While many view disruption through an optimistic lens, there are some negative impacts that come with it as well. Changes in customer expectations (31 percent), macroeconomic market changes (38 percent), and shifts in regulations (39 percent) are all cited as negative disruptors. Almost half of respondents believe disruption from nontraditional competitors is likely in the next few years.
Increased appetite for mergers and acquisitions growth
Despite limited mergers and acquisitions activity in the last year, the survey signals a potential bounce back for M&A as a tool for strategic growth.
Sixty-eight percent of respondents expect to be a part of M&A activity over the next year. Specifically, 42 percent anticipate they are likely or very likely to acquire targets in the next year. The reasons for this vary, however, 33 percent cite the opportunity to enter new global markets and 32 percent point to the opportunity to expand and diversify their client base.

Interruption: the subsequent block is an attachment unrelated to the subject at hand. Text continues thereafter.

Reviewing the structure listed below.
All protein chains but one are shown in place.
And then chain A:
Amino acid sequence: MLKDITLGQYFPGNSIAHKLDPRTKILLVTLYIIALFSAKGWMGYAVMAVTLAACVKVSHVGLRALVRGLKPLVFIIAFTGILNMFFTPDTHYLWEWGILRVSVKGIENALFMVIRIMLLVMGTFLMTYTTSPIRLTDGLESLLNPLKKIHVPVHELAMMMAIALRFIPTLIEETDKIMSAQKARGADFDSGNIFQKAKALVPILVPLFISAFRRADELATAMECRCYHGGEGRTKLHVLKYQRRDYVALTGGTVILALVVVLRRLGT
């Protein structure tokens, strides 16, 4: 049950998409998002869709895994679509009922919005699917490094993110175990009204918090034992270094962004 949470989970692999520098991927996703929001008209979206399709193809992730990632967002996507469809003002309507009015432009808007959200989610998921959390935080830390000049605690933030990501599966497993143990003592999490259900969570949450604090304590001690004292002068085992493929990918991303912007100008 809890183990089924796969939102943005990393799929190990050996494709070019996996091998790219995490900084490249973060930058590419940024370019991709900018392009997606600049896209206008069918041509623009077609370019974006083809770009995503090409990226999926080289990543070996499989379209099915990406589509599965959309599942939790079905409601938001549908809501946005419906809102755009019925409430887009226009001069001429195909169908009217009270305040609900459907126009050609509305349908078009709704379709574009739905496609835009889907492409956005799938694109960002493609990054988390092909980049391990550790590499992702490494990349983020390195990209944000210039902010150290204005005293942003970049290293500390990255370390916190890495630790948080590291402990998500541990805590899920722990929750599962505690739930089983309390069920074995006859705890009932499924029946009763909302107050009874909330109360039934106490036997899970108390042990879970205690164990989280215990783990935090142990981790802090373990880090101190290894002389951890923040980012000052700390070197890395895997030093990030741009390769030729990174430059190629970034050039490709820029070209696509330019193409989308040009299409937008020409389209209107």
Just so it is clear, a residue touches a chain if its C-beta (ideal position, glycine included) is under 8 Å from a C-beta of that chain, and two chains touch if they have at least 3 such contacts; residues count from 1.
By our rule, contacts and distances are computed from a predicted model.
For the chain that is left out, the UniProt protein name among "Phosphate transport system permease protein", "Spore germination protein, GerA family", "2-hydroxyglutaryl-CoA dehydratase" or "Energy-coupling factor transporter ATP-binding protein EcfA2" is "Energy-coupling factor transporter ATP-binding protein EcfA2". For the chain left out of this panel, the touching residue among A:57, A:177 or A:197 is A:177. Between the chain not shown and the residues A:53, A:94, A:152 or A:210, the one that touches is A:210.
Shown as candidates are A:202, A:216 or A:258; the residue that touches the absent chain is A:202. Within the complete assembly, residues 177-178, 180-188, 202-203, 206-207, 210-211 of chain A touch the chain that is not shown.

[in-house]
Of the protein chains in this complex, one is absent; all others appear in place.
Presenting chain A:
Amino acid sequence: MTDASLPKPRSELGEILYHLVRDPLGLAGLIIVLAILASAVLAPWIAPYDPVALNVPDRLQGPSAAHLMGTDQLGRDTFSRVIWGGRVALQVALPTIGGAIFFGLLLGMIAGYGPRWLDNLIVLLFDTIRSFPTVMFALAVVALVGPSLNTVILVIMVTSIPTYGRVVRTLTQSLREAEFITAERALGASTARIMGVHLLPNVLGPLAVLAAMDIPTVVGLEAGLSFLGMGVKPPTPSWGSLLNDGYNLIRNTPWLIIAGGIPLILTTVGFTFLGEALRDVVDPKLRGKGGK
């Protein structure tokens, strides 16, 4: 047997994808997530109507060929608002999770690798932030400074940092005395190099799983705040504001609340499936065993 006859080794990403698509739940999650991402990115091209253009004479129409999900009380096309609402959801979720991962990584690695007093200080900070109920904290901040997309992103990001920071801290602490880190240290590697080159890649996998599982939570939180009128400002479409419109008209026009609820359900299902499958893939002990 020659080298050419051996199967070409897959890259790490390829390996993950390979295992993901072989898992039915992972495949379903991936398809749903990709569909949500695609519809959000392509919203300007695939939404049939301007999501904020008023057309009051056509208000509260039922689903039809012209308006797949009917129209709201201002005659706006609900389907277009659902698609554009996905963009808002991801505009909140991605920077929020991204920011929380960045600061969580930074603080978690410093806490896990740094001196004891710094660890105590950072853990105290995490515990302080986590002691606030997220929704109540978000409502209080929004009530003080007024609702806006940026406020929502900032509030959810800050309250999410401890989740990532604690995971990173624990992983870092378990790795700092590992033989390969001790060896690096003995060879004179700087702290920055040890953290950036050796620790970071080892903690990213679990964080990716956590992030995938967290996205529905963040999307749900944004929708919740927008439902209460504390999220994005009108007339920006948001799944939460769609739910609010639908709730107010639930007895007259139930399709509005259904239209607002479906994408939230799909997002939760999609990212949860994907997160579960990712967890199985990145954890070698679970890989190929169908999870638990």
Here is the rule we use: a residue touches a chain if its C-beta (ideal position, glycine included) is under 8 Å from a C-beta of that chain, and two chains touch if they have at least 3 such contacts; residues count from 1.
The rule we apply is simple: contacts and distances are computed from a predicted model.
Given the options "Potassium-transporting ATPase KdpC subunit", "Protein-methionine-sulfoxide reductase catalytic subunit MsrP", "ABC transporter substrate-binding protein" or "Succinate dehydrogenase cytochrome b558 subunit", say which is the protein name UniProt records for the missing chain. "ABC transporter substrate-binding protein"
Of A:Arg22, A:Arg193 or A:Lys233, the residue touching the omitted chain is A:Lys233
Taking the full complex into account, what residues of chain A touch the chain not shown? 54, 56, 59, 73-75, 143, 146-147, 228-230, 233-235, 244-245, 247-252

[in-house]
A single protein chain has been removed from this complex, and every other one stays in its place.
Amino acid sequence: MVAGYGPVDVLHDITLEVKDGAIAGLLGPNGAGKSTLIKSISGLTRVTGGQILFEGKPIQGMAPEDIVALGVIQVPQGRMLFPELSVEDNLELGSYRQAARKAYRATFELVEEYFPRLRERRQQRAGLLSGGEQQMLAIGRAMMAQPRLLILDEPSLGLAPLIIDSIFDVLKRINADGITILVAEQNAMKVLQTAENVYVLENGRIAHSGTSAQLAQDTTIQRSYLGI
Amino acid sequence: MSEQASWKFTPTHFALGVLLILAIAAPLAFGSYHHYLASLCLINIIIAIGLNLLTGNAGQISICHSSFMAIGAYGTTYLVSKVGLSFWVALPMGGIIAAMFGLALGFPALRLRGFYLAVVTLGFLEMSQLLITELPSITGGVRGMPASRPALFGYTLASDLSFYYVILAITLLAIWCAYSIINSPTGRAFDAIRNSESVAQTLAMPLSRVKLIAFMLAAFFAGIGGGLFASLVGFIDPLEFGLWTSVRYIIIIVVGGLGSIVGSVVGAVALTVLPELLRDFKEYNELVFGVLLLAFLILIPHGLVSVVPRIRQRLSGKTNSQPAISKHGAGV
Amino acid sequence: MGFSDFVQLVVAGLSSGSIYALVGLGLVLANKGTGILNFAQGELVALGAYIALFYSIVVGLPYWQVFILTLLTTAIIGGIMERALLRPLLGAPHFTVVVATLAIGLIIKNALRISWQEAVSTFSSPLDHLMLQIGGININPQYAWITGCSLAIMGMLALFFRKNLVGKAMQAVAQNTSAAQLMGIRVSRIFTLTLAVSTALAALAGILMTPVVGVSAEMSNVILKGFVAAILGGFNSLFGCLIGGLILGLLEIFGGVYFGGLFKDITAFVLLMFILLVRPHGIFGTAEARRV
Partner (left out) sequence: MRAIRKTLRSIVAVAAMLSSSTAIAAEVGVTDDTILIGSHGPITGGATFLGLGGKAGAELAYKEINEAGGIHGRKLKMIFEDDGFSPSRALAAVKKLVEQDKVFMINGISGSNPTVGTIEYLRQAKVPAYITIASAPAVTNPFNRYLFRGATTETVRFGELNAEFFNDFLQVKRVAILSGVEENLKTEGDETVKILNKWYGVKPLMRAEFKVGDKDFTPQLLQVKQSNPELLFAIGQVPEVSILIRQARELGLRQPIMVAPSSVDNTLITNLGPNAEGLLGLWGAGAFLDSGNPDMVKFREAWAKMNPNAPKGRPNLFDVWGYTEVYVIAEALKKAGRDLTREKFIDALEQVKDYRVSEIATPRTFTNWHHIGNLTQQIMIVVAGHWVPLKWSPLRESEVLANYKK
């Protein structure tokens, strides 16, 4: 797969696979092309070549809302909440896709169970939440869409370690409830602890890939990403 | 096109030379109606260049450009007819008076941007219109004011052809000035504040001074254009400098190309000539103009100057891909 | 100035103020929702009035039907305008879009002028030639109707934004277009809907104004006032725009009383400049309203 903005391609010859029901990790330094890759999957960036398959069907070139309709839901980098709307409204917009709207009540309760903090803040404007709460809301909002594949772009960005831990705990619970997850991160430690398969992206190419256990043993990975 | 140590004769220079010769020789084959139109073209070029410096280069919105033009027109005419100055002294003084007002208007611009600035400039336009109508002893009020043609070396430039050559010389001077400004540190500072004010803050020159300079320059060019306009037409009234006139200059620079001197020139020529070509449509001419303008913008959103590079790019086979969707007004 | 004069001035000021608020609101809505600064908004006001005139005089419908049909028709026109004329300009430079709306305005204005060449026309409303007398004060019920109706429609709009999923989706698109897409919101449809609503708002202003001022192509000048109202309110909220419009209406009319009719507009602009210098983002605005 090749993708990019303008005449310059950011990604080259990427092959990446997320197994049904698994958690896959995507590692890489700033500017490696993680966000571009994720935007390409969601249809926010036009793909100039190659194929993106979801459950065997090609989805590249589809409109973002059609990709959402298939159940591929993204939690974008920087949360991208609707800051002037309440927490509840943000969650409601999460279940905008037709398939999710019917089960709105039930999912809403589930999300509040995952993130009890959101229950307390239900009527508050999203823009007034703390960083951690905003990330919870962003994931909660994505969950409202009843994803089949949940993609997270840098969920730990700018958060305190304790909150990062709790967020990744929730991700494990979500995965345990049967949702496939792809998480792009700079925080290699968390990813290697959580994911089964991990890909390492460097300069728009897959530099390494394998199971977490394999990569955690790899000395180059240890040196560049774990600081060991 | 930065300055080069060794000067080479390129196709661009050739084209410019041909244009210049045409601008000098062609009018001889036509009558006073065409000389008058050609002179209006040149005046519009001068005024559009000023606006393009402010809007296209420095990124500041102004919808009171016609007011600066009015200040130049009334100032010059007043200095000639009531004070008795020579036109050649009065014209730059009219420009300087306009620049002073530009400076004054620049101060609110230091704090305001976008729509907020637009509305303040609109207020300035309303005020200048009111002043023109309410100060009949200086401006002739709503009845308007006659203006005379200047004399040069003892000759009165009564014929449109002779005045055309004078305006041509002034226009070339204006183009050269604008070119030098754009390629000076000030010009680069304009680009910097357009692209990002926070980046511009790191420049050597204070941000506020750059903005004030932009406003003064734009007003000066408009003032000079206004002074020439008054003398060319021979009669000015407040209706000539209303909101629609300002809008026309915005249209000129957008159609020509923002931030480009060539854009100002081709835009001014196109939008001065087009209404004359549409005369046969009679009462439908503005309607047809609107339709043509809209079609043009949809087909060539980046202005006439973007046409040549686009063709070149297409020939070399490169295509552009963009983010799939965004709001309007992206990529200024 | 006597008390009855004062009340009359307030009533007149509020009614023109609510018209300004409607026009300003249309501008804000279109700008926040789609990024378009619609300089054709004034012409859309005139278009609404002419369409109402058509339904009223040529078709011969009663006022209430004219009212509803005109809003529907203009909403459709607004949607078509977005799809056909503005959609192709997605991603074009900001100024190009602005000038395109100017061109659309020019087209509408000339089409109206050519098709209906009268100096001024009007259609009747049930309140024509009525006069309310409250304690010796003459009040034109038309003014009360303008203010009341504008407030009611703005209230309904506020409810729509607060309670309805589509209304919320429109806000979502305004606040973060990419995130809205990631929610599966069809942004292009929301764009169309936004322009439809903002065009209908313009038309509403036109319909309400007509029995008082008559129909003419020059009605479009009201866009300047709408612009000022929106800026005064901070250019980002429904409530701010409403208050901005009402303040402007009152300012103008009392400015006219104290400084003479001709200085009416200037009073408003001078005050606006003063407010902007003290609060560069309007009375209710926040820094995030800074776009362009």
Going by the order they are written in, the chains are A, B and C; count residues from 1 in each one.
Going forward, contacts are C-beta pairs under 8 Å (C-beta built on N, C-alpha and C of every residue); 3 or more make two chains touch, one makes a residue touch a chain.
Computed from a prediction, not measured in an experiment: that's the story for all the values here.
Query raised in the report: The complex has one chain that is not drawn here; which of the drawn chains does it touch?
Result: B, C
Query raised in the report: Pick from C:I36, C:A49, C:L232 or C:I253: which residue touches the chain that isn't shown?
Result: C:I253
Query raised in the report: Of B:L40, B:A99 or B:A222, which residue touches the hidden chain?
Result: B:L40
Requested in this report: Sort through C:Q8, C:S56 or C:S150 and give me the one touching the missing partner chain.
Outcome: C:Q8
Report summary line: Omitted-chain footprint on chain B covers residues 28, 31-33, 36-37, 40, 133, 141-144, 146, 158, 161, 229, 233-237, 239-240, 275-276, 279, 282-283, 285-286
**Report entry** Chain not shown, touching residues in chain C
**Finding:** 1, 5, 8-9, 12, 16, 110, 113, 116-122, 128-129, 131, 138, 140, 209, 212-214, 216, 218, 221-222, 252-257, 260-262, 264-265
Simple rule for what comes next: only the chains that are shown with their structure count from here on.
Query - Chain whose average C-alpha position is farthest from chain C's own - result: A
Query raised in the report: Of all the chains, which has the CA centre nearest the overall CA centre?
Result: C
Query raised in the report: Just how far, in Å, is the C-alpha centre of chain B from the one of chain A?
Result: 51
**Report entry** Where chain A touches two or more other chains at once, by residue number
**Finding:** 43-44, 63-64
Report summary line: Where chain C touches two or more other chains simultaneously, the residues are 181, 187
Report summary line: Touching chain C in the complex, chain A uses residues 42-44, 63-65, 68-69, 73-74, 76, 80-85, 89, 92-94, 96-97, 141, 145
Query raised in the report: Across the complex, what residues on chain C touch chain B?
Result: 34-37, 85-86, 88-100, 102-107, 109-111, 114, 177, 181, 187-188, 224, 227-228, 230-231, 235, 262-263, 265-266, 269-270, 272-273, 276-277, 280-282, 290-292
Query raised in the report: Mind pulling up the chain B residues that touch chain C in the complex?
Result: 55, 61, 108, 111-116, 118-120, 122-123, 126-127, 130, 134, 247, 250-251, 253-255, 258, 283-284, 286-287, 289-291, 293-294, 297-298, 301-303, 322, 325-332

Game-changing talent investments
As technology streamlines processes and frees up employees’ capacity, private companies are sharpening their focus on talent investment. To overcome constant talent acquisition challenges, meet their growing workforce needs, and boost retention, 46 percent of private companies plan to invest in training their employees and 33 percent are investing in leadership development programs.
Training programs are being reimagined as continuous learning opportunities for employees to spur further innovation. Furthermore, 16 percent of respondents identify strengthening their management team as a top growth strategy as private companies stock their talent pipelines with a view to sustained growth in the future.